Pidgin

 

Video Gaming

PCLITE™ encourage Its users to play around with PCLITEOS™ to enjoy the taste of open source gaming as both online and offline mode.

There are many benefits by playing with PCLITEOS™:

  • Available latest Intel – Radeon – Nvidia opensource drivers or firmwares via package management.
  • Supporting NVIDIA optimus technology for discrete graphic cards to manage power usage.
  • Configured gaming utilities and application such as voice system, steam and a package contains of most popular open source video games.
  • PCLITE™ Arena online section for the clans and public players including private server.
  • Some video games screen shot running under PCLITEOS™ in online gallery.
  • The community is included of many parts such servers, matches, teams, awards, rules, sponsors.

 

Video Game

 

NVIDIA Optimus Support

Bumblebee is an effort to make NVIDIA Optimus enabled laptops work in GNU/Linux systems. These laptops are built in such a way that the NVIDIA graphics card can be used on demand so that battery life is improved and temperature is kept low.

 

It disables the discrete graphics card if no client is detected, and starts an X server making use of NVIDIA card if requested then let software GL implementations (such as VirtualGL) copy frames to the visible display that runs on the integrated graphics. The ability to use discrete graphics depends on the driver: open source nouveau and proprietary nvidia.

 

Primus is a shared library that provides OpenGL and GLX APIs and implements low-overhead local-only client-side OpenGL offloading via GLX forking, similar to VirtualGL. It intercepts GLX calls and redirects GL rendering to a secondary X display, presumably driven by a faster GPU. On swapping buffers, rendered contents are read back using a PBO and copied onto the drawable it was supposed to be rendered on in the first place.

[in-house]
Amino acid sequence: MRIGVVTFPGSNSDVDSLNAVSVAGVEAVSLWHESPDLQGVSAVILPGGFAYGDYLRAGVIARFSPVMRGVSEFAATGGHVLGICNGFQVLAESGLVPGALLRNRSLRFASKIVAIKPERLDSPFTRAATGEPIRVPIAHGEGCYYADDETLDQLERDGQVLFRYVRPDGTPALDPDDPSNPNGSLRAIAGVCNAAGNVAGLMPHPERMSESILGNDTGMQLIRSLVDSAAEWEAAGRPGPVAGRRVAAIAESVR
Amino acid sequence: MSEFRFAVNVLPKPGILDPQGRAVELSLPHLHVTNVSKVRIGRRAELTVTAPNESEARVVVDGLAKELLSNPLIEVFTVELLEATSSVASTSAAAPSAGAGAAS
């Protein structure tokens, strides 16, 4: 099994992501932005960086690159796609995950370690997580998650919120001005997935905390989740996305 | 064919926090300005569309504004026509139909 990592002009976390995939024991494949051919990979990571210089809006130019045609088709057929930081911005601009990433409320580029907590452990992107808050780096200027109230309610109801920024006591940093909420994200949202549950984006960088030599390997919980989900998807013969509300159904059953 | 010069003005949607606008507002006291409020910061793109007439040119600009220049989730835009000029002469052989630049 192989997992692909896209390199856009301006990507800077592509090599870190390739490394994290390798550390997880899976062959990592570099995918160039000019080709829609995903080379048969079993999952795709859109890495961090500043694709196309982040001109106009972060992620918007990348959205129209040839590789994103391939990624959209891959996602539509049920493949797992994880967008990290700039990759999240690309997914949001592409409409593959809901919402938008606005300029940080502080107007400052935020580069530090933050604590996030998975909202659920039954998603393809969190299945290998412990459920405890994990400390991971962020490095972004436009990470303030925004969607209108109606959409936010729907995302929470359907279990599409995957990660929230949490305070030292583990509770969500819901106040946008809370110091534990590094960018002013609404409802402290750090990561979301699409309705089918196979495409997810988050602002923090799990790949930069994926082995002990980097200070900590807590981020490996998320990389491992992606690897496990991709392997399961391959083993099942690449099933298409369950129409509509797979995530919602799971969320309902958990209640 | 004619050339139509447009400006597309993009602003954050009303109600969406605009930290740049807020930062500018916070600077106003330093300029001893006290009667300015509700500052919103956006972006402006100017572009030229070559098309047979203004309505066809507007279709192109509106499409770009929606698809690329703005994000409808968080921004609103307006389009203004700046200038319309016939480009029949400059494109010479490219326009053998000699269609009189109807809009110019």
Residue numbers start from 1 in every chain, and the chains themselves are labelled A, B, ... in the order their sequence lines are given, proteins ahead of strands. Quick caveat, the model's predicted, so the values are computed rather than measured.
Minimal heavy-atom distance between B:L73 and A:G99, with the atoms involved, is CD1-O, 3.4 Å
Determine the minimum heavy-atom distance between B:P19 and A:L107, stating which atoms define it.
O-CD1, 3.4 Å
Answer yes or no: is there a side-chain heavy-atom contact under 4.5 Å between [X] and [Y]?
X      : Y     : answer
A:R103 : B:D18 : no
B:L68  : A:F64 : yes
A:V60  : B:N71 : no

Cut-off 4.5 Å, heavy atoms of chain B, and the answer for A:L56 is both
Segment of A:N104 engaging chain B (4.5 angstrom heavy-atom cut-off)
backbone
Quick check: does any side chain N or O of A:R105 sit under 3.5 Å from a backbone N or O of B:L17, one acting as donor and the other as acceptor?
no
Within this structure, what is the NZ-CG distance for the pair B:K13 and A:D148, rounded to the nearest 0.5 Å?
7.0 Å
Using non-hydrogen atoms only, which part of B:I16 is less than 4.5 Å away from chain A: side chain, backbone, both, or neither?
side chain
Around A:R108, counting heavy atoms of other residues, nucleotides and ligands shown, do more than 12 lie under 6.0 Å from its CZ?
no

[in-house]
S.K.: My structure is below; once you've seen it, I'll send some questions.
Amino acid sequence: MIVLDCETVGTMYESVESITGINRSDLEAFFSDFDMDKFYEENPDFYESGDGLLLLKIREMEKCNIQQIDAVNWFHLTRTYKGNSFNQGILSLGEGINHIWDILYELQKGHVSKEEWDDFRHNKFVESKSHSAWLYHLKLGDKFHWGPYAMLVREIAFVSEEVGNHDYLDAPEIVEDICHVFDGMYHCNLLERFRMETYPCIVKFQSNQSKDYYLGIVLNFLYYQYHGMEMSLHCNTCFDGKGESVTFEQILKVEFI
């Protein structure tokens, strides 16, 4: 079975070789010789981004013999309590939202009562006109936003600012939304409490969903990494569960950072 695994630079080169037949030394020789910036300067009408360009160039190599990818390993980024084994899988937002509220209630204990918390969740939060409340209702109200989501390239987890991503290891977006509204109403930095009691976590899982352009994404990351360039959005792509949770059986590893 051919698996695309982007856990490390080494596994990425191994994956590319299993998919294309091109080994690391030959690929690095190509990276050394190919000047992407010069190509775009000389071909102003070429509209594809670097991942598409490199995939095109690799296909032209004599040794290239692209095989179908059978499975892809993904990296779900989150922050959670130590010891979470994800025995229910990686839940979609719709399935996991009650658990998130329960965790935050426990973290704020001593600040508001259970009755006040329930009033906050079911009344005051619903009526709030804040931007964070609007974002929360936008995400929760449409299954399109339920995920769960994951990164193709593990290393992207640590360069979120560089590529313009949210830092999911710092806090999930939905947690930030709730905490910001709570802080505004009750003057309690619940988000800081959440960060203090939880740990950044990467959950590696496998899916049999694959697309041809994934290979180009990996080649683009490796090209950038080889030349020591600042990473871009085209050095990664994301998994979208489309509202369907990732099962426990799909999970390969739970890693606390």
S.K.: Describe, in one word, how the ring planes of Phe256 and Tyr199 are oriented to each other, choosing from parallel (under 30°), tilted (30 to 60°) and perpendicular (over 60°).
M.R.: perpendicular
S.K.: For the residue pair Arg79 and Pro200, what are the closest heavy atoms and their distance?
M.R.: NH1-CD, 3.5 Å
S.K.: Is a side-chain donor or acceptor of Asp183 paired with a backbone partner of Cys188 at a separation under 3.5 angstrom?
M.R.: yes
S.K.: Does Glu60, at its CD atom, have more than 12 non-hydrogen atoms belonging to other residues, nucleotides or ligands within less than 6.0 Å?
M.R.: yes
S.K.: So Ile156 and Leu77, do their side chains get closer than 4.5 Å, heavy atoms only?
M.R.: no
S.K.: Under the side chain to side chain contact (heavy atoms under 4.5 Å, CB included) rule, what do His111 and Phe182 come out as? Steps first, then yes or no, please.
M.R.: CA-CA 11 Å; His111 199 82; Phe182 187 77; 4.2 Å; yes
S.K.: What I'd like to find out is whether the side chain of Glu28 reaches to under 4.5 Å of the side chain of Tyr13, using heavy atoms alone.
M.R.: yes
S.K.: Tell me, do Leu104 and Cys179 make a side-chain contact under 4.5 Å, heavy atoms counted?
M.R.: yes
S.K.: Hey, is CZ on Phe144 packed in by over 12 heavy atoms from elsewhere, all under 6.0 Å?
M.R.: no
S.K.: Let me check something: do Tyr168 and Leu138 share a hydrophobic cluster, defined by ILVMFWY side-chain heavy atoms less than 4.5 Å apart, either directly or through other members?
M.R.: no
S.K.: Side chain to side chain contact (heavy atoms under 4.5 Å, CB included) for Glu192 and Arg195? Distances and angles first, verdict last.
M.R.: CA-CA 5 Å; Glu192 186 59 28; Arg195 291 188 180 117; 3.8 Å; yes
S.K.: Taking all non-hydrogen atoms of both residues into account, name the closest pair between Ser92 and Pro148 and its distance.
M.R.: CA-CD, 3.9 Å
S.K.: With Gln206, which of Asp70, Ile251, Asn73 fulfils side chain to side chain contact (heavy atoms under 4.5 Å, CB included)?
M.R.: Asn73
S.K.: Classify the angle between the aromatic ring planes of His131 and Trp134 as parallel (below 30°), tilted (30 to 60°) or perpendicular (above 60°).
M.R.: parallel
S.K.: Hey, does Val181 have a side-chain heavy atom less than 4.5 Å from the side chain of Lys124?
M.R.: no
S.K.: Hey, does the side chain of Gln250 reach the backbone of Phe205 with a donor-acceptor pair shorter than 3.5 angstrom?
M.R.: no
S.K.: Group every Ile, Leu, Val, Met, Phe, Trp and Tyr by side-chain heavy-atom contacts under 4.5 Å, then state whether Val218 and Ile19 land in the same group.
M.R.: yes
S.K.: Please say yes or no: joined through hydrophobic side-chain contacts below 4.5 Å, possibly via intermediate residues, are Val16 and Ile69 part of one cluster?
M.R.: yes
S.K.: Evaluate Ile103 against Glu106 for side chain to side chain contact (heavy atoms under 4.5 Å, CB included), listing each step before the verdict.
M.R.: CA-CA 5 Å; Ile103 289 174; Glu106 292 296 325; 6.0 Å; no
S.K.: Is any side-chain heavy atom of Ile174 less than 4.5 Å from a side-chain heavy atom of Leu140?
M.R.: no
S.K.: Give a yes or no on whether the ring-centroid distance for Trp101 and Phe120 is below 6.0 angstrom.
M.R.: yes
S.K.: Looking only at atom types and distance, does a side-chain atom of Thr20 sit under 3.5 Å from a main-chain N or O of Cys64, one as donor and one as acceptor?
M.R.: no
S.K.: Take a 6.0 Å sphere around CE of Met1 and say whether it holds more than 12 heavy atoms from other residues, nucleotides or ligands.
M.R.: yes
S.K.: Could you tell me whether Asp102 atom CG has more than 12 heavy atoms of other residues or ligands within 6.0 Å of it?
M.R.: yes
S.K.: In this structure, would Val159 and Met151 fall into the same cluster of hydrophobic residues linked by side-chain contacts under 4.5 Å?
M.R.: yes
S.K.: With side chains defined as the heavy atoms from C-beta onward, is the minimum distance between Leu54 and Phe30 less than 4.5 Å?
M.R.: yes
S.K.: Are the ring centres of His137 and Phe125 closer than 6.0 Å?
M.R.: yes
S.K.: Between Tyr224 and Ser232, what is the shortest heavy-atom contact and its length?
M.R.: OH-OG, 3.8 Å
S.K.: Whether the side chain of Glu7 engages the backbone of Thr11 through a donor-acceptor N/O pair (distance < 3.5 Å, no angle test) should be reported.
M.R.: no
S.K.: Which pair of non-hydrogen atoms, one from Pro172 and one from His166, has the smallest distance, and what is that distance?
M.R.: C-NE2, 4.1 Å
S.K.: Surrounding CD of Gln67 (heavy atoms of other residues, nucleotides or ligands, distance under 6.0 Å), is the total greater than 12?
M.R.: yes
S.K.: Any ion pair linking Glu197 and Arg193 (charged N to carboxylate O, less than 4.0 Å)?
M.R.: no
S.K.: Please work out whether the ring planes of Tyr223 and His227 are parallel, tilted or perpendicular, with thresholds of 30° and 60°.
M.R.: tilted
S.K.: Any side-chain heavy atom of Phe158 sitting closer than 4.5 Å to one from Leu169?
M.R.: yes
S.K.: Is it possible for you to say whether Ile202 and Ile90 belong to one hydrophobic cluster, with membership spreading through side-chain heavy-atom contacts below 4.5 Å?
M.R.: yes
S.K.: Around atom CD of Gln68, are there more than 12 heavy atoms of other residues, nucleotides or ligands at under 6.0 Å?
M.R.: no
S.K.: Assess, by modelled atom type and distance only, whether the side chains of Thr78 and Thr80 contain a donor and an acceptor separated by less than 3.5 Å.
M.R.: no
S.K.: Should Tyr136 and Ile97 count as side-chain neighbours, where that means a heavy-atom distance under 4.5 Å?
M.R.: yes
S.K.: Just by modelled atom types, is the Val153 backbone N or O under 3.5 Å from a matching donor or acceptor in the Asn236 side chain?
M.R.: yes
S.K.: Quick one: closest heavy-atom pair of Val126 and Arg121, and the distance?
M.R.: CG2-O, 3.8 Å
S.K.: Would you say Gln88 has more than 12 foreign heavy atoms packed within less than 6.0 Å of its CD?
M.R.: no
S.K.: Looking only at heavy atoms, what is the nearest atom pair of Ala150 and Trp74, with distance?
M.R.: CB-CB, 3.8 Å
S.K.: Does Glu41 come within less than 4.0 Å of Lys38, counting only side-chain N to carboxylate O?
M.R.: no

Primus is currently intended to be used alongside Bumblebee and provides a drop-in replacement for optirun (i.e. "primusrun").

Diagnostic tools to manage graphic cards:

  • sudo lspci | grep VGA (Detect Multiple Graphics Cards)
  • sudo nvidia-xconfig (X Configure for NVIDIA Driver)
  • sudo optirun glxgears info (Testing Command for Bumblebee)
  • sudo cat /proc/acpi/bbswitch (Checking Status)
  • sudo tee /proc/acpi/bbswitch <<<OFF or <<<ON (Power Management)

 

Bumblebee

 

NVIDIA Settings Panel

The nvidia-settings utility is a tool for configuring the NVIDIA Linux graphics driver. It operates by communicating with the NVIDIA X driver, querying and updating state as appropriate. This communication is done with the NV-CONTROL X extension.

 

Values such as brightness and gamma, XVideo attributes, temperature, and OpenGL settings can be queried and configured via nvidia-settings.

 

Nvidia Panel

 

FreeBSD Graphics Driver

So how do you identify your processor?

If you don't know your processors name, run the following command:

% dmesg | grep CPU:
CPU: Intel(R) Core(TM) i7-4600U CPU @ 2.10GHz (2693.83-MHz K8-class CPU)

 

Decide Which Driver to Use

The numbering in the table below shows the Intel Core i3, Core i5 and Core i7 family of processors, including it's mobile and desktop parts:

 

2xxx Sandy Bridge (i915kms.ko in base)

3xxx Ivy Bridge (i915kms.ko in base)

4xxx Haswell (i915kms.ko in base)

5xxx Broadwell (i915kms.ko from ports graphics/drm-next-kmod)

6xxx Skylake (i915kms.ko from ports graphics/drm-next-kmod)

7xxx Kaby Lake (i915kms.ko from ports graphics/drm-next-kmod)

(I'm going a little deeper into, how you identify your Pentium, Celeron or Xeon processor in a minute)

 

First, for those who got one of the above processors and can't wait...

 

If your processor is supported by the i915kms.ko driver in the base system, add the following lines to /etc/rc.conf

kld_list="i915kms"

In case you have created a xorg.conf, remove it and reboot. That's it. or...

 

If your processor is supported by the i915kms.ko driver from the ports, add the following lines to /etc/rc.conf

kld_list="/boot/modules/i915kms.ko"

In case you have created a xorg.conf, remove it and reboot. That's it.

 

Example Configuration For Post Broadwell System

A common configuration is a user who has an Intel laptop with a Kabylake Intel i915 HD Graphics chip. To enable the chipset one would follow these instructions:

 

Install the drm-kmod package